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Inadequate Sleep Increases Likelihood For Insulin Resistance And Weight Gain

Think you can run on 5 hours of sleep or less at night and get through the day with coffee or other caffeine products? You may be able to get away with it for a while, but make no mistakes it’s taking a tool on your body.

I have to chuckle when people give me the tough guy lingo of “I’ll sleep when I’m dead.” My response is you’re heading there sooner if that’s what you really want. The human body needs rest and recovery for regeneration and when insufficient sleep occurs over a prolonged period of time, hormonal balances get completely out of whack. Here are some great snoring solutions to help you get a better nights sleep.

Recent research published on MySleepyFerret has shown that individuals who habitually sleep six or fewer hours a night are at an increased risk of developing diabetes and coronary heart disease. At the crux of this is the association of sleep deprivation and insulin resistance. This seems to be the common denominator and precursor leading to inflammation in the body.

While the time frame will vary from person to person, when researchers restrict young and middle age adults to about five hours of sleep a night for only one to two weeks, they become more insulin resistant. The studies show some very pretty significant correlations.

In a meta-analysis of 24 different studies that followed more than 474,000 men and women for 7 to 25 years, those who reported sleeping less than six hours a night had a 48 percent greater risk of coronary heart disease than those who slept six to eight hours. Read that again. We’re talking about almost a 50% increased risk for heart disease!

Researchers also have substantial evidence from experiments in people that sleep deprivation leads to an increase in food intake. This is thought to be the result of increases in the hormone ghrelin that stimulates appetite and decreases in leptin, a hormone that inhibits appetite.

The combination of decreased insulin sensitivity and increased food consumption is at the root of insulin resistance and type II diabetes. What happens is the body loses its ability to deal with elevated blood glucose (sugar) levels and this opens the door to inflammation and weight gain.

There’s little question that when you restrict sleep you’re setting yourself up for problems. I believe in the importance of adequate rest and recovery so much that it’s one of the core components in my “Lean Code Method” for body transformation. Sleep is equally important as a supportive nutrition diet and regular exercise. You can’t pull one piece out of the puzzle and expect to see favorable results in a fitness or weight loss program.

Sure, eating a clean diet and exercising regularly is going to help offset some of the damage caused by sleep deprivation, but it’s going to be extremely difficult to see body composition changes without adequate rest.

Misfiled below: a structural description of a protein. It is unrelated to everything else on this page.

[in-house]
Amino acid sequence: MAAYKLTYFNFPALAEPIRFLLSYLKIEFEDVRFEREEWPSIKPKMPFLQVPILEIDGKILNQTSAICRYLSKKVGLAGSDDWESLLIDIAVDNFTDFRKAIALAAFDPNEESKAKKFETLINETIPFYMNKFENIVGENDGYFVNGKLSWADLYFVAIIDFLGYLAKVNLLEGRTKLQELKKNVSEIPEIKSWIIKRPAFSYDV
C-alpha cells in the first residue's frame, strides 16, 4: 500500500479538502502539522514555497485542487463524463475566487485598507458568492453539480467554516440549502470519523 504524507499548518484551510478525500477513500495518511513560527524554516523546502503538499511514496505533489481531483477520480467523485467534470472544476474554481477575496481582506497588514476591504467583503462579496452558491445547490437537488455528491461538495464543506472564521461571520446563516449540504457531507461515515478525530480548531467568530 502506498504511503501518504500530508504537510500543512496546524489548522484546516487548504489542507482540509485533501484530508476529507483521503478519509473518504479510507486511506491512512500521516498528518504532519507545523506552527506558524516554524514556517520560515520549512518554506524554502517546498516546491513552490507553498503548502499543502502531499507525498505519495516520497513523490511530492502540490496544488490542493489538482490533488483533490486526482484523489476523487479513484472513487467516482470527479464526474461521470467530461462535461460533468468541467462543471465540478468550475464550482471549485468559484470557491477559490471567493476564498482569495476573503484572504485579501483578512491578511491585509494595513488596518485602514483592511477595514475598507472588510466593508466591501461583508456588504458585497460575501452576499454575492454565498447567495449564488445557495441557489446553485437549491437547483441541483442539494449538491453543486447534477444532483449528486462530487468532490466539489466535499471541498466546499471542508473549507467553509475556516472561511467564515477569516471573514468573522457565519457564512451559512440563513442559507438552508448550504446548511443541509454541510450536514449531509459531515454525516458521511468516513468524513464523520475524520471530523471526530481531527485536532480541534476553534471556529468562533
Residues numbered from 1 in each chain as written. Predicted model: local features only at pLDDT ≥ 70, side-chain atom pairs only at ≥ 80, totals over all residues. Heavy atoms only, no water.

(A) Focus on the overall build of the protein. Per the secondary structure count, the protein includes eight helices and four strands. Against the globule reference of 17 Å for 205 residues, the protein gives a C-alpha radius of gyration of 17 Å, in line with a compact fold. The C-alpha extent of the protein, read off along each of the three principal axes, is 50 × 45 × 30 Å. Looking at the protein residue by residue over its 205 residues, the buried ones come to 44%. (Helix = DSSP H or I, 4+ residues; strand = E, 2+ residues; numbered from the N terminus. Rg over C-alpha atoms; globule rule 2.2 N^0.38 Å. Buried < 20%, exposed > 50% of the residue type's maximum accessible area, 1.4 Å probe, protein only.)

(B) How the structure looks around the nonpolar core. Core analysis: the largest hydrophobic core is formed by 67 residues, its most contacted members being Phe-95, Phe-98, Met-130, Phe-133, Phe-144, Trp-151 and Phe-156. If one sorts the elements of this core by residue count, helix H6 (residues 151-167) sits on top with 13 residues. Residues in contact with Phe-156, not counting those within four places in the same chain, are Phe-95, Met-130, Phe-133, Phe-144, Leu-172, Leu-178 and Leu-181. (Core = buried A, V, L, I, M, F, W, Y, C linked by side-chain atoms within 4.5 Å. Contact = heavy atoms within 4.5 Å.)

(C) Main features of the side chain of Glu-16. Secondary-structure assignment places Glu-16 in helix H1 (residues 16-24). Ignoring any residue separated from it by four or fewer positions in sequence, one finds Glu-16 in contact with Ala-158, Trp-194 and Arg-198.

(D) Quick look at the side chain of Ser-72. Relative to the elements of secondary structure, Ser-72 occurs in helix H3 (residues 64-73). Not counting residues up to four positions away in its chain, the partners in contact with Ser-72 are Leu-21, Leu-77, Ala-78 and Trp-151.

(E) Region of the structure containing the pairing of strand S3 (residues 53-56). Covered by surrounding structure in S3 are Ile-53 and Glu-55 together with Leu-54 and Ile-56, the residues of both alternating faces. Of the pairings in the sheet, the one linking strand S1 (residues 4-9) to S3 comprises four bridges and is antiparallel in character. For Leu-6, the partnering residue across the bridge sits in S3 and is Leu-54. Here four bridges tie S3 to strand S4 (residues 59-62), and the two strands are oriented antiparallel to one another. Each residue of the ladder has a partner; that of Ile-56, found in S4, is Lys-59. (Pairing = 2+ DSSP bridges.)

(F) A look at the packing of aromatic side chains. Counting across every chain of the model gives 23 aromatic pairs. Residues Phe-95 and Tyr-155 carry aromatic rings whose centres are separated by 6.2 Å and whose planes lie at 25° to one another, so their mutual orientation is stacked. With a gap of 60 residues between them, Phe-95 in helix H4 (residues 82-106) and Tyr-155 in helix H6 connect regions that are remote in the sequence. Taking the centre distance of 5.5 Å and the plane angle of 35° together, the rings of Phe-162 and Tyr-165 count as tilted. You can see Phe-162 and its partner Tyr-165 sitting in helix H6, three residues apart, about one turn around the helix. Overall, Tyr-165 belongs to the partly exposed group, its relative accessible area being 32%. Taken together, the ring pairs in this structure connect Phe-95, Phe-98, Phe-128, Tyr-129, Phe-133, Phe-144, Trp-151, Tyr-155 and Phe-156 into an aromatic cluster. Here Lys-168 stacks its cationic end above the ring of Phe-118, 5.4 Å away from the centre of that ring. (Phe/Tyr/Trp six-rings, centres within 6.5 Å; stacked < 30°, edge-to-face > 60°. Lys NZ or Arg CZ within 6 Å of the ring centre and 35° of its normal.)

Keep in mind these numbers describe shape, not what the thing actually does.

Here’s what I know without a shadow of a doubt. While you can “get by” by inadequate sleep if you’re exercising and eating healthy, there’s no way you’re going to develop lean muscle from resistance training workouts. Deep sleep is essential in the anabolic phases of regrowth and rebuilding of lean tissue.

I tell my Charleston personal training clients all the time that you can break down muscle with all-out efforts in your weight training workouts, but if you’re not getting sufficient sleep you won’t be seeing much of a pay-off for your hard work. In fact, you could be making things worse! High intensity workouts are seen as stress on the human body. It’s a good kind of stress though as long as you’re supporting the rebuilding and growth phases.

However, if cortisol levels remain elevated for prolonged periods of time, you put yourself in a catabolic state. This simply means you’re breaking down lean muscle, not building it.

If you’re not getting sufficient sleep for whatever reason, you need to take any and all measures necessary to see that you fix it. There’s no question it’s that important to your health. That may require significant changes in your lifestyle habits but only you can determine the priority of your health.

Obviously regular exercise is going to be one of the best things you can do to improve sleep patterns. However, if you have problems sleeping I’d recommend you exercise earlier in the day and not at night. While I’m not big on sleep medications long-term, there are some beneficial herbs that you can experiment with. Try some bed-time or “sleepy” teas and perhaps taking a warm-bath or shower before hitting the sack.

If problems with sleeping persist you should consider a sleep study along with consulting with your physician. Things like sleep apnea can be pose significant risks and often times people don’t even know it exists. Bottom line is do whatever it takes to see that you’re able to get deep, restful sleep during the night on a regular basis.

Shane Doll
is a certified Charleston fitness trainer, fat loss expert, speaker, and founder of Shaping Concepts. With a staff of over 10 certified fitness professionals, Shaping Concepts provides personal fitness programs with a specialty on weight loss and body transformation. Sign up for a FREE, no-obligations consultation today.

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Category: Hormones & Health.